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Topics: Communications Management, Ethics, Organizational Culture
Is the workplace becoming a non-free speech zone?
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In this age of political correctness that borders on drudgery, are you finding that free speech is slowly dying? I mean, on the one hand, we are told as managers that transparency, integrity and honesty are key. Yet, on the other hand, the current political climate suppresses the tongue and dampens the spirit.
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We should strive for transparency. It gets tricky when transparency causes friction because the recipient is either hearing something they don't want to hear, or is handed information that is not up to their expectation.

This is where our relationship building, trust, and influence comes into play. It's about messaging and optics. It's about sharing it out early along with a plan for remediation (if needed).

In short, honesty can cause friction, the truth can hurt, and doing the right thing is not always easy. But that is okay. We do it anyway.
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2 replies by Sante Vergini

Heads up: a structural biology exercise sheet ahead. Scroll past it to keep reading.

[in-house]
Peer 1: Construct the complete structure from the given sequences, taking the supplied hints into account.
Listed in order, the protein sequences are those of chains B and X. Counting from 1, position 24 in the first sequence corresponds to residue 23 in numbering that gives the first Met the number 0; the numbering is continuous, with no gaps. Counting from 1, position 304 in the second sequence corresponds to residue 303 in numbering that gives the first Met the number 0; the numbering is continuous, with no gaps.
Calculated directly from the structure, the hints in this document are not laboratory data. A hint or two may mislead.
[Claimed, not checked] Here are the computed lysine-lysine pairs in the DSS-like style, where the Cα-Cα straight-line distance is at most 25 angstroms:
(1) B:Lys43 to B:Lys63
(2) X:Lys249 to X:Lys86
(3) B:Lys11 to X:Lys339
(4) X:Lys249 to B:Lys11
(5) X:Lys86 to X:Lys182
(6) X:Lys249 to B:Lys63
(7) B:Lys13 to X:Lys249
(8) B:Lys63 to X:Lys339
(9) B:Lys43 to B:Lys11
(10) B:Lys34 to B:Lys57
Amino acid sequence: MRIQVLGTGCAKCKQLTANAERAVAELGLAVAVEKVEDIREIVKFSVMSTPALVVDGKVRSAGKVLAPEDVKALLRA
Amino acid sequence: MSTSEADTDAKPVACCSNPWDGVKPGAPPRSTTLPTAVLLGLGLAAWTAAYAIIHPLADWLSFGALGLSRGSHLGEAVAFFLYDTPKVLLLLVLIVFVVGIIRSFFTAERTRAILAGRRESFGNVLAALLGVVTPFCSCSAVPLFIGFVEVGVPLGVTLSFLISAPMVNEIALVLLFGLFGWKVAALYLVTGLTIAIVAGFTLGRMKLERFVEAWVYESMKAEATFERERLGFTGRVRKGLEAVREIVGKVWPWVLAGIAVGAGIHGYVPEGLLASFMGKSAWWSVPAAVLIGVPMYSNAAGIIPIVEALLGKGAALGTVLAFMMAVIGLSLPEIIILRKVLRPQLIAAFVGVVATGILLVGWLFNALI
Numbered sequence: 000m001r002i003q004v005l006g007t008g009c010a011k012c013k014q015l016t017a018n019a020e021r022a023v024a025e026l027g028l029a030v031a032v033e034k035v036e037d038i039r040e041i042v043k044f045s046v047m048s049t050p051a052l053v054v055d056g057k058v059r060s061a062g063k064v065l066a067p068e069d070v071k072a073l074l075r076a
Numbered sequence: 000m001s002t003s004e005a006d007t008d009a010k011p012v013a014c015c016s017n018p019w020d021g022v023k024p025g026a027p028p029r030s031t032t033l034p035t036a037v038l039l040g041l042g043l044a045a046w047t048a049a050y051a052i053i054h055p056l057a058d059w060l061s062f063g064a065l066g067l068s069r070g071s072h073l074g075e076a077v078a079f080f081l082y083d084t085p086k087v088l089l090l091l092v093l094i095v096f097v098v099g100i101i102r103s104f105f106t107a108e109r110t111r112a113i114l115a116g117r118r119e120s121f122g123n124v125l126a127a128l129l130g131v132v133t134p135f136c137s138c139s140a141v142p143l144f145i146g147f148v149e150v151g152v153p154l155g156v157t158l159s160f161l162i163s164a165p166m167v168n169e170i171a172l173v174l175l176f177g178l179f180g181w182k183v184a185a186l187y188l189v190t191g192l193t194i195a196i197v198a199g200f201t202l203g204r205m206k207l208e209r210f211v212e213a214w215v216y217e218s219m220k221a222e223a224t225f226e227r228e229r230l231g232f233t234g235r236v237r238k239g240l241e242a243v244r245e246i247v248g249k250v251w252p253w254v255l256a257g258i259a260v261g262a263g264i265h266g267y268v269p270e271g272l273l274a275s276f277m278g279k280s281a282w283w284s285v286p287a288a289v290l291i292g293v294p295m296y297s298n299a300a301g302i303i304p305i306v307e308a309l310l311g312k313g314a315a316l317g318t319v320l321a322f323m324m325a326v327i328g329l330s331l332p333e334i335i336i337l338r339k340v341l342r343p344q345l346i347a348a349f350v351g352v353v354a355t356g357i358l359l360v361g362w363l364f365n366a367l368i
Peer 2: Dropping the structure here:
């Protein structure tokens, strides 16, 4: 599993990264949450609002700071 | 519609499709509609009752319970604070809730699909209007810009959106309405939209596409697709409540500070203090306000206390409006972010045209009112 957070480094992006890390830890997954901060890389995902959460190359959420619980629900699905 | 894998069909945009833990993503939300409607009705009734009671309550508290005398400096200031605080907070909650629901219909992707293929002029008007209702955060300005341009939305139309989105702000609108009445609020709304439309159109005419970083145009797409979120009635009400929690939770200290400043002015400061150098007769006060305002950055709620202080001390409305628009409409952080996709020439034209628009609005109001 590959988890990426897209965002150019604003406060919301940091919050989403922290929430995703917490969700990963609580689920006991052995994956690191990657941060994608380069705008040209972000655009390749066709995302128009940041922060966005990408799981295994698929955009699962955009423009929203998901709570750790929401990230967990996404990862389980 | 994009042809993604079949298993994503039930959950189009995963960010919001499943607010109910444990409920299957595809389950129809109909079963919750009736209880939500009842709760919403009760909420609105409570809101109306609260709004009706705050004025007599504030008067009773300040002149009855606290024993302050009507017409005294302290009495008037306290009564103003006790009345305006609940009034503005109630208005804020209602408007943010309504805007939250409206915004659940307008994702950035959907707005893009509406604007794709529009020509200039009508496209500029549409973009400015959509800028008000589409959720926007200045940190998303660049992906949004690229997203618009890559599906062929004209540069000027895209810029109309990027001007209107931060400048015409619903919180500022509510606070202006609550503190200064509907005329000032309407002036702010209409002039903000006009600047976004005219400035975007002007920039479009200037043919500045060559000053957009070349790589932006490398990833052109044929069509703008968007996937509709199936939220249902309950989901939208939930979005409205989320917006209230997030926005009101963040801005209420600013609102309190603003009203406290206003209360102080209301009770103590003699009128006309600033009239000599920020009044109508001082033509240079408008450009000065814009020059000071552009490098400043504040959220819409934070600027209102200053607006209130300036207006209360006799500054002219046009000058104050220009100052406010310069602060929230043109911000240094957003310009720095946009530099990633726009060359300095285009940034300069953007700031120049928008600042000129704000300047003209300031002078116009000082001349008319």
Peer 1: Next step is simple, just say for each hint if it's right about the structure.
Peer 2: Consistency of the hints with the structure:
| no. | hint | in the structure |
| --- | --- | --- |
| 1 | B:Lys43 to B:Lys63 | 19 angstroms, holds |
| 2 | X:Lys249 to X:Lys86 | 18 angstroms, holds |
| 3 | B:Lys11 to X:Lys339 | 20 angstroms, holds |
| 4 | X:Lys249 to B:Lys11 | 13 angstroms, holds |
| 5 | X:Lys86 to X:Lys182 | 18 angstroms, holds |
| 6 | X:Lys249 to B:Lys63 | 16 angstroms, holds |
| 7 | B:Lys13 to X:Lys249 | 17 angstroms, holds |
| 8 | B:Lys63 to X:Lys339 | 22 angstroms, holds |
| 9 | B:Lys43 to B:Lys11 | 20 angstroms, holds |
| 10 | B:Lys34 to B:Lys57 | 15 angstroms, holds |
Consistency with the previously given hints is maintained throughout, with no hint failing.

Nov 23, 2019 7:54 PM
Sante Vergini
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Thanks Andrew. I was in a meeting earlier this year, reporting to a project committee. When a question was asked about one of the business customers (whom I had never met, only communicating via email and phone, but I knew her name to be Nikki), my reply was "She received the Statement of Work and seemed very happy with it". To which someone at the meeting replied: "Are you certain that is the correct pronoun?" I replied: "Are you referring to She or Statement of Work"? It was a university after all, so I should have been prepared for the Twilight Zone. I agree, transparency can cause friction, but that transparancy now has so many lenses to it. If one is constantly watching their words for fear of tripping up on the latest trend in obectionism, free speech is the loser.
Nov 23, 2019 9:06 PM
Sante Vergini
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Unlike the USA, we aren't protected by a First Amendment. True free speech shouldn't be concerned with political correctness, although appropriate speech (i.e. in front of minors) should be observed. I didn't have minors at that meeting, but I did have some Millenials; far more triggered! ;-)
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Nov 23, 2019 7:28 PM
Replying to Andrew Craig
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We should strive for transparency. It gets tricky when transparency causes friction because the recipient is either hearing something they don't want to hear, or is handed information that is not up to their expectation.

This is where our relationship building, trust, and influence comes into play. It's about messaging and optics. It's about sharing it out early along with a plan for remediation (if needed).

In short, honesty can cause friction, the truth can hurt, and doing the right thing is not always easy. But that is okay. We do it anyway.